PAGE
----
3 min read

    3 min read

    There’s been a lot of hype about self-driving cars over the years, with Uber investing lots of money in this space and dozens of startups popping up and raising hundreds of millions of dollars. Today’s guest is an expert journalist in the space with a background to match, and he’s going to break down the exact strategy that companies like Waymo, Voyage, and Nuro are using. Plus, we’ll talk about the actual business model behind these services, too.

    If you’d like to read a transcript of this podcast, please click here.


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    • Today I’m chatting with Tim Lee, a reporter at Ars Technica covering self-driving technology, and I think he’s really doing some of the best coverage of this space right now.
    • Over the past few years, much of the discussion around self-driving cars has been focused on two big players, Uber and Google’s Waymo.
    • If you haven’t noticed, they don’t have any real self-driving cars out on the road for public use yet. So, what’s the deal?
    • In today’s episode, we’re going to talk about some of the major players in the self-driving space, including Waymo, Voyage, and yes, even Tesla, and we’ll talk about the different approaches that these companies are taking

    Interview with Tim Lee

    • Tim Lee is a reporter at Ars Technica, where he covers technology, policy, and the future of transportation.
    • Previously, he was a reporter at the Washington Post and Vox.
    • He has a master’s degree in computer science and has been writing about self-driving cars since 2008.
    • He wishes more people understand more clearly the difference between a self-driving car on the one hand and a driver-assistance system on the other

    Technology Policy

    • A lot of misconceptions when it comes to self-driving cars, it’s important to stay up on the latest trends
    • Focus on technology policy, things like net neutrality, patent and copyright reform, government surveillance, privacy
    • Google has been a big driver of tech policy
    • Google is one of the biggest lobbying organizations in the country and they’ve funded a lot of think tanks that do tech policy specific work

    Background on Self-Driving Cars

    • Google really deserves credit for jump-starting interest in self-driving cars
    • Larry Page, more than 10 years ago now, saw the opportunity from the academic research in this area and Google was really the first company to put serious resources behind it
    • Google spun-off as Waymo, which was going to be the commercialization vehicle for Google self-driving technology
    • Voyage is a new company operating in retirement communities, which is not only a maximum speed of 25 miles an hour, but it’s a very controlled environment where generally only residents of this retirement community are operating there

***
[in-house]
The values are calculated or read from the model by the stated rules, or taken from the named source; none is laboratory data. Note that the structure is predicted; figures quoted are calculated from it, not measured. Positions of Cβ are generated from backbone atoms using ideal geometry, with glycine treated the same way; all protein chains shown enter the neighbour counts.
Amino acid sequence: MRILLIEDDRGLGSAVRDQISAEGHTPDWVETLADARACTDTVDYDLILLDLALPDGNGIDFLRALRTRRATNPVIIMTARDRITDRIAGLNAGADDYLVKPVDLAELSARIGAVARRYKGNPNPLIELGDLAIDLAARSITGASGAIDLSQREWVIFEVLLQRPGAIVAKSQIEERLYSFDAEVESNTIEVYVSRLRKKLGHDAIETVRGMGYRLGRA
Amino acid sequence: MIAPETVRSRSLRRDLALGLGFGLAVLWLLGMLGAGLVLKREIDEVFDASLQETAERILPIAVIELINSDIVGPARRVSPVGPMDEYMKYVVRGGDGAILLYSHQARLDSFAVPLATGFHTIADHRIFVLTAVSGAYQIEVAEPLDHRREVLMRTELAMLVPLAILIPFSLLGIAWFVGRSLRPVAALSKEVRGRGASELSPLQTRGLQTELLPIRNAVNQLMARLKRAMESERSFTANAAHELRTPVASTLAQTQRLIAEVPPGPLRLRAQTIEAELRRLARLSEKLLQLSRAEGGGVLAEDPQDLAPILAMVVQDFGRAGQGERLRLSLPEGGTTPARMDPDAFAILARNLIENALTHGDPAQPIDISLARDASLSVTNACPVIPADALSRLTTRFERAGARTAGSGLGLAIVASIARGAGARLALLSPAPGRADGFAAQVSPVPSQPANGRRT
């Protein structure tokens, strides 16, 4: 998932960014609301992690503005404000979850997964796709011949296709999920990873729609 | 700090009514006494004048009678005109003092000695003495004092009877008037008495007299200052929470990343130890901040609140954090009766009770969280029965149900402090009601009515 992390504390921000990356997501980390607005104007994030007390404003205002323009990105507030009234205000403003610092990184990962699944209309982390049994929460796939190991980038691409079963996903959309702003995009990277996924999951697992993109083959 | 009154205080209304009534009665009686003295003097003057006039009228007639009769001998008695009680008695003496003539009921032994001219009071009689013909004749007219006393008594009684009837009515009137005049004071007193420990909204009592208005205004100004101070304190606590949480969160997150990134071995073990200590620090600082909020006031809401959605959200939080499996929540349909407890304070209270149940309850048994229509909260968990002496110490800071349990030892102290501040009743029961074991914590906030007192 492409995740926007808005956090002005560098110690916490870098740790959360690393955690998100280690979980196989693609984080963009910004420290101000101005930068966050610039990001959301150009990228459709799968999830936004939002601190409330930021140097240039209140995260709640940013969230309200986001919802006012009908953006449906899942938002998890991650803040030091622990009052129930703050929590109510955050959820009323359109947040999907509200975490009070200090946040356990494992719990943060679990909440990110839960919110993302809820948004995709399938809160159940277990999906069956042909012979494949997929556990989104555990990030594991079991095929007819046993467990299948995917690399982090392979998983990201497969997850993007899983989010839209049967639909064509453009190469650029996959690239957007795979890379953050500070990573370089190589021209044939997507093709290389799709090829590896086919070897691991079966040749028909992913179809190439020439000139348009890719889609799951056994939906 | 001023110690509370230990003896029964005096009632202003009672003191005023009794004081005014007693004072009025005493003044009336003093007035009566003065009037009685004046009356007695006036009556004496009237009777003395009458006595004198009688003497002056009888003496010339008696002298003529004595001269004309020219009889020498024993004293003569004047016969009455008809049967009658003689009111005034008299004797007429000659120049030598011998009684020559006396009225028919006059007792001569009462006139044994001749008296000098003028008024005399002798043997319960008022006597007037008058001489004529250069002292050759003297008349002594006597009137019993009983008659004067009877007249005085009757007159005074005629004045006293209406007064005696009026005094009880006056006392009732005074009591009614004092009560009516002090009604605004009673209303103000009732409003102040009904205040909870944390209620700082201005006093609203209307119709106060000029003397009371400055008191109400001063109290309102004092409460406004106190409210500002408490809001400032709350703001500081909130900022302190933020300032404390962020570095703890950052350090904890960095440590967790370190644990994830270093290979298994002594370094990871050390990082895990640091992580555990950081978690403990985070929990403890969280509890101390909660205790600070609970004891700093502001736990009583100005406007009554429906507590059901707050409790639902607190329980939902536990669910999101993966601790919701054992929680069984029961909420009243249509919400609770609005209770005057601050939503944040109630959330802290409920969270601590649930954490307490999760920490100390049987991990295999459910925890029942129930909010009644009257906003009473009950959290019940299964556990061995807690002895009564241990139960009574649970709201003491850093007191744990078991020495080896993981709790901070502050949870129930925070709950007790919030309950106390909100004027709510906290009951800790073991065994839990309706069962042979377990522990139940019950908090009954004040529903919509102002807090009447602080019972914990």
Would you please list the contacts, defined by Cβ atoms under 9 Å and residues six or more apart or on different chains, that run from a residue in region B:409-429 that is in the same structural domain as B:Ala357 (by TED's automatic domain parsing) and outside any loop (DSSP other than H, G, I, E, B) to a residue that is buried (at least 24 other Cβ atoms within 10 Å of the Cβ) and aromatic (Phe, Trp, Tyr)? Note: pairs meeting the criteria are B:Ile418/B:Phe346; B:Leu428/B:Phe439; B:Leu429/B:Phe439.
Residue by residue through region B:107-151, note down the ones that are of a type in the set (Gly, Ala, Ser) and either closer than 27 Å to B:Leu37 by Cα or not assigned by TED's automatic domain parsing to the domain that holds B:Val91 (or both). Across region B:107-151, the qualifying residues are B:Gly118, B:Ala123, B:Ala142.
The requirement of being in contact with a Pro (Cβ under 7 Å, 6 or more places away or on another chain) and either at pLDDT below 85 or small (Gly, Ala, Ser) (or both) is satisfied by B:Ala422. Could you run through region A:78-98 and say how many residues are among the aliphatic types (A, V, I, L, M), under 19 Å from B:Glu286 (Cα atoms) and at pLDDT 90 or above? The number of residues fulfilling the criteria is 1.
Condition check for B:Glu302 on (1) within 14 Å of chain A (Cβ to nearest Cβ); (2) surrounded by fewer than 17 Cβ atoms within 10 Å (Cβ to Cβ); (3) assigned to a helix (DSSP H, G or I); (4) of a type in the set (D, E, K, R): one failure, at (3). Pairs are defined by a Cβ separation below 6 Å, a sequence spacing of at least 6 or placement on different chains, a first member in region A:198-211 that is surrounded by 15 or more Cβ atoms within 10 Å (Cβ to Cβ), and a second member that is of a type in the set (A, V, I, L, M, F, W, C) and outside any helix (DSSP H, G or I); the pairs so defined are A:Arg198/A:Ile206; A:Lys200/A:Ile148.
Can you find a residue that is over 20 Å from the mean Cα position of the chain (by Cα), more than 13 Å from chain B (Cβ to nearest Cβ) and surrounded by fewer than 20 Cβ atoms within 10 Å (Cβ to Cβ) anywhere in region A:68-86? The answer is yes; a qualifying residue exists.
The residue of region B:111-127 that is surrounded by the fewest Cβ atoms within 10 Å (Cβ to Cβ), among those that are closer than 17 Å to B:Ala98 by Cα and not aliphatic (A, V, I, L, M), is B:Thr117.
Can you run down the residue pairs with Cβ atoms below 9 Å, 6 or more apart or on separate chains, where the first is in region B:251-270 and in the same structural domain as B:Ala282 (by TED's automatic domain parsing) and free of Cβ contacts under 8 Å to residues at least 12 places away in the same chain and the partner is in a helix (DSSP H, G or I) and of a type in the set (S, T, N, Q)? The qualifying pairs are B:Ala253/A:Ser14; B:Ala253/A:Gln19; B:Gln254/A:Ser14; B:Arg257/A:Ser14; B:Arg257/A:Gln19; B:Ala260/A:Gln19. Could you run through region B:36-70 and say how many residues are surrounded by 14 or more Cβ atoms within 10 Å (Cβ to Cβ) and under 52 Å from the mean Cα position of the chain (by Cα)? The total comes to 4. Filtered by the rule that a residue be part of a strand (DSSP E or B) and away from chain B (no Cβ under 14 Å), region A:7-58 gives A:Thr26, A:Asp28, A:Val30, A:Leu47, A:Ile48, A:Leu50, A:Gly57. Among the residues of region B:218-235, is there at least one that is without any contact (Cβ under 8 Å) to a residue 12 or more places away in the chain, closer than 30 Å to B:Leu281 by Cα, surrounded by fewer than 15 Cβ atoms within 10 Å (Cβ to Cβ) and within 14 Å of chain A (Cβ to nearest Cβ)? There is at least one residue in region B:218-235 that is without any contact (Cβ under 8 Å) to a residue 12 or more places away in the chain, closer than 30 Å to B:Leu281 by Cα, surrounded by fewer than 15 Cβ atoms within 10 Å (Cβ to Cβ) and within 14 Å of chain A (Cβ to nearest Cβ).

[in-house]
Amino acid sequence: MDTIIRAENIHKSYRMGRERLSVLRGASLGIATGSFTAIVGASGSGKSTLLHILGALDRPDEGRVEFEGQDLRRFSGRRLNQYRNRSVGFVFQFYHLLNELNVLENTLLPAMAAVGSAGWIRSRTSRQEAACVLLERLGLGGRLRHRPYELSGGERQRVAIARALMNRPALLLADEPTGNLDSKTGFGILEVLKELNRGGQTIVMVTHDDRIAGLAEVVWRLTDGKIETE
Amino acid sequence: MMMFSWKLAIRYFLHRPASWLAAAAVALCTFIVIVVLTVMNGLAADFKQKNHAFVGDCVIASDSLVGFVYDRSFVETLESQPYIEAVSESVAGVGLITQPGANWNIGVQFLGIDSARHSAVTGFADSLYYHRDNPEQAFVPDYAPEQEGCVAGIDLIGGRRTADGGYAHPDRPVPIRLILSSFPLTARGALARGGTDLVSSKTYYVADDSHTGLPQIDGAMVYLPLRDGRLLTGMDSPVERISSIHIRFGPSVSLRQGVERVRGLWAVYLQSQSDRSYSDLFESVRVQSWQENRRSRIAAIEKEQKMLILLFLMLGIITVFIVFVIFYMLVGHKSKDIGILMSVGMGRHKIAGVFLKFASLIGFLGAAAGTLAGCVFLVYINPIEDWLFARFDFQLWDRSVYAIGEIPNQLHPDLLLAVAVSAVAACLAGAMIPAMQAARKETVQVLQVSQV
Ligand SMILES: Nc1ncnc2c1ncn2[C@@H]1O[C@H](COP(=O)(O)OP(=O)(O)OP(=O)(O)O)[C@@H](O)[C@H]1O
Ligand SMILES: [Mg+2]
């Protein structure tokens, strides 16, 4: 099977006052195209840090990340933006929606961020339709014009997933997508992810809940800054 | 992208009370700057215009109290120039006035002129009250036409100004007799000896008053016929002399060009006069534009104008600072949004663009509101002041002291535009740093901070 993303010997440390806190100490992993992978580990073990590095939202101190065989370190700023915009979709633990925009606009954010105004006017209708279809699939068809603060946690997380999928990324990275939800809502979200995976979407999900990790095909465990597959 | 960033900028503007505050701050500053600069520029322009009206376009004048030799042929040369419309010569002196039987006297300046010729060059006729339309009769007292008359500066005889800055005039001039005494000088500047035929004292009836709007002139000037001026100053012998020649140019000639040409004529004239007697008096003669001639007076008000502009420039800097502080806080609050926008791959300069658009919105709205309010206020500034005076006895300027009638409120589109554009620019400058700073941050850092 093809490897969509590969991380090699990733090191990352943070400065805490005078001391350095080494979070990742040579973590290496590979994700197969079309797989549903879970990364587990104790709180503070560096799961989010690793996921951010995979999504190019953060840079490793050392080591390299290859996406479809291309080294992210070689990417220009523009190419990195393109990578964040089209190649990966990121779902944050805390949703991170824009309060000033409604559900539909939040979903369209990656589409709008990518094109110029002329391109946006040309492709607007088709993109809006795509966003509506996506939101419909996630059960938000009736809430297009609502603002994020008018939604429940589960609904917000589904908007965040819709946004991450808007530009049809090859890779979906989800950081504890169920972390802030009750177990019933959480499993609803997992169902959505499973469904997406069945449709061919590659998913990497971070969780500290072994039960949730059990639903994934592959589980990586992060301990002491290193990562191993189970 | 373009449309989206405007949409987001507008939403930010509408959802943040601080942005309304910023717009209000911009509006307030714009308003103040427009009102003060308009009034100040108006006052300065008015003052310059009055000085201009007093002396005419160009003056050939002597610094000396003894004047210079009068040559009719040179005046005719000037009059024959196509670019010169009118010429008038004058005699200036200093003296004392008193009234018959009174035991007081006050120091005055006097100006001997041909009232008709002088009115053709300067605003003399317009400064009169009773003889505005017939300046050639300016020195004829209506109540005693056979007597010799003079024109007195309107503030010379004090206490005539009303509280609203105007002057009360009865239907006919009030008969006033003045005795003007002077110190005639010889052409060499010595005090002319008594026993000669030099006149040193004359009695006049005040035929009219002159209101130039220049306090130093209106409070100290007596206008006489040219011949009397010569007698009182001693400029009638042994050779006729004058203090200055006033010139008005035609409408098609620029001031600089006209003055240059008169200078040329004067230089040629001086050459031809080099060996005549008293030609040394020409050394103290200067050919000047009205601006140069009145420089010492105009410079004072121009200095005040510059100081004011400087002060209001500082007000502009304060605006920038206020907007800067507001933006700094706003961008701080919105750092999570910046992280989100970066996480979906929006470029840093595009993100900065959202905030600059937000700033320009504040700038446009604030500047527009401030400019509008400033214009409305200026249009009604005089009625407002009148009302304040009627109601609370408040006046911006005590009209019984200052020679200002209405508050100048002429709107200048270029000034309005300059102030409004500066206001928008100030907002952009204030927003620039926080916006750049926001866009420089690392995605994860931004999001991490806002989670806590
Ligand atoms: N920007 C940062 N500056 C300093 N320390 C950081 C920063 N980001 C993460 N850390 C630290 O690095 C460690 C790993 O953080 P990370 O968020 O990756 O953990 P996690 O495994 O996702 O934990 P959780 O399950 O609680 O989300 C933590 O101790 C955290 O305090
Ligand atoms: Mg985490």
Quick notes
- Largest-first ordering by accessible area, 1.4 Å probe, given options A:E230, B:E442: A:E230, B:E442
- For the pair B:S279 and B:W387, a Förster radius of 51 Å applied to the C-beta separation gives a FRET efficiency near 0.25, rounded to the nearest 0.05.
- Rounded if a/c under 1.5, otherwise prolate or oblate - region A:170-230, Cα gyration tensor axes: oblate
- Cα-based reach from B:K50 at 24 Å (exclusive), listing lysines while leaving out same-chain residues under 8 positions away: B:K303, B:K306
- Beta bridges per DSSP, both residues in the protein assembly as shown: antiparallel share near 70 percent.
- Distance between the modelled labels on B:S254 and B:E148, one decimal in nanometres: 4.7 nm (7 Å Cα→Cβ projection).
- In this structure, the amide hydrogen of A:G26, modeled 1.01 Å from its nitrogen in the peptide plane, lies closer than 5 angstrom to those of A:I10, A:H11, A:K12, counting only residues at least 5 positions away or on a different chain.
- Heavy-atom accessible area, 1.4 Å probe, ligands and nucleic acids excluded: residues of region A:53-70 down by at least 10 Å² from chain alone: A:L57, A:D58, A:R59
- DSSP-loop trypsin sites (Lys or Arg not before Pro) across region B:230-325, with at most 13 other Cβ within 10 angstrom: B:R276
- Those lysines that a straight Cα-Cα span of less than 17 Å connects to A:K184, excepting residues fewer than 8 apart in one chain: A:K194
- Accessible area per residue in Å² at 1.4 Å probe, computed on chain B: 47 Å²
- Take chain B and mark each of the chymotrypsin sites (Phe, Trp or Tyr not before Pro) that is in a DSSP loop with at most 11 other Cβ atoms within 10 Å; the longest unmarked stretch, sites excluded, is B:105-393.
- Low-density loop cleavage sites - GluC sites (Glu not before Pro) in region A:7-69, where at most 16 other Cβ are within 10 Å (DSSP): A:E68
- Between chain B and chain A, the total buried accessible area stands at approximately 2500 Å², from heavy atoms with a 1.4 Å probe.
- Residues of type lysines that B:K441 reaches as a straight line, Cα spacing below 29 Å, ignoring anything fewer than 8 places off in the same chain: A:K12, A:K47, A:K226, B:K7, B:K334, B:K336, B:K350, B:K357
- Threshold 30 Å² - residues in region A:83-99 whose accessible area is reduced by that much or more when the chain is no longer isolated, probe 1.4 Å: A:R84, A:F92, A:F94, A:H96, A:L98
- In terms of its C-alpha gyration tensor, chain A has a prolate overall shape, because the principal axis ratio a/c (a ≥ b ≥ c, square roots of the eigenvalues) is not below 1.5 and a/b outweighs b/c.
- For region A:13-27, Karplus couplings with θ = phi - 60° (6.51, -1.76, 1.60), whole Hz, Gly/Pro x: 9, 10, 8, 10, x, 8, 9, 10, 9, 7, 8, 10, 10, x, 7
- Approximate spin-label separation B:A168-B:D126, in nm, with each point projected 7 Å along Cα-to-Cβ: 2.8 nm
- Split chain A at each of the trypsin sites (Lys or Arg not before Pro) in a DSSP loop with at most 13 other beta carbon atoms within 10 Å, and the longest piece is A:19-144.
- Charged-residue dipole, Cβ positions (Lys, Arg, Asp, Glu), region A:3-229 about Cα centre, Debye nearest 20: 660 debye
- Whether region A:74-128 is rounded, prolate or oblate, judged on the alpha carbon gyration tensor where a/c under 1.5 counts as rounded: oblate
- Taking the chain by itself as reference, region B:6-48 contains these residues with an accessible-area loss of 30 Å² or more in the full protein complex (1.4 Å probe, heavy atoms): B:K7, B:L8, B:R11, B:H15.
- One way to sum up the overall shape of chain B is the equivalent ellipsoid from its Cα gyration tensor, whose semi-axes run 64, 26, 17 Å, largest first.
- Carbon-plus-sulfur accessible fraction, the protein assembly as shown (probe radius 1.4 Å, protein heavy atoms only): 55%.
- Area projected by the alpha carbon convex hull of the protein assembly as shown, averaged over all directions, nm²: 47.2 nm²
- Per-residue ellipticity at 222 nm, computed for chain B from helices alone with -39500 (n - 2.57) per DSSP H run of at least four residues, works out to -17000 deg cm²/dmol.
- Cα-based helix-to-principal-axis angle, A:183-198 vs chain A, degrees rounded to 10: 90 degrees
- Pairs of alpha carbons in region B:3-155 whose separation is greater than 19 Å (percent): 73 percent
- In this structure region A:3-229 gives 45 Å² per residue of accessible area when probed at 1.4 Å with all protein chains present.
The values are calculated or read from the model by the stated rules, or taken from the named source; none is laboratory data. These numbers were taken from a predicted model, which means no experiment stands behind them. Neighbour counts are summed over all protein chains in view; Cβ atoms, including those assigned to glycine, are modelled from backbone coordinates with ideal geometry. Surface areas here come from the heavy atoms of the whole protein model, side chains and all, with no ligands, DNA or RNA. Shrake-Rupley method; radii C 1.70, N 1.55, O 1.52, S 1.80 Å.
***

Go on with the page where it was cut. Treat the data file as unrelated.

Potential Successful Self-Driving Companies

    • There’s an industry group SAE that has these five levels where level two is a driver-assistance system, level four is a fully driverless system where the driver doesn’t have to touch the steering wheel
    • Tesla and LIDAR – LIDAR’s very expensive so Tesla did not include that in the supposedly self-driving capable cars they’re selling – has to be addressed

    Could Self-Driving Cars Be Used for Anything Else?

    • Nuro – doing fully driverless cars on public streets
    • They built a custom designed vehicle that’s half the size of a small passenger vehicle with just compartments for groceries

    When Will We See Successful Self-Driving Cars?

    • Would not be surprised if in five years there is a few cities in the Southwest that have real driverless taxi services 
    • Might take another five to 10 years for that to expand to every major metro area and rural areas


    • Big thanks to Tim for coming on the podcast and talking to us about self-driving cars!
    • Tim is doing some of the best coverage right now in self-driving technology
    • Big challenges ahead
    • One thing we didn’t even get into on the podcast is there are going to be a ton of additional challenges and sensors built into the vehicles to monitor how many people are getting in and out 

    Show Notes

    If you’d like to read a transcript of this podcast, please click here.

    Harry Campbell

    Harry Campbell

    I'm Harry, the owner and founder of The Rideshare Guy Blog and Podcast. I used to be a full-time engineer but now I'm a rideshare blogger! I write about my experience driving for Uber, Lyft, and other services and my goal is to help drivers earn more money by working smarter, not harder.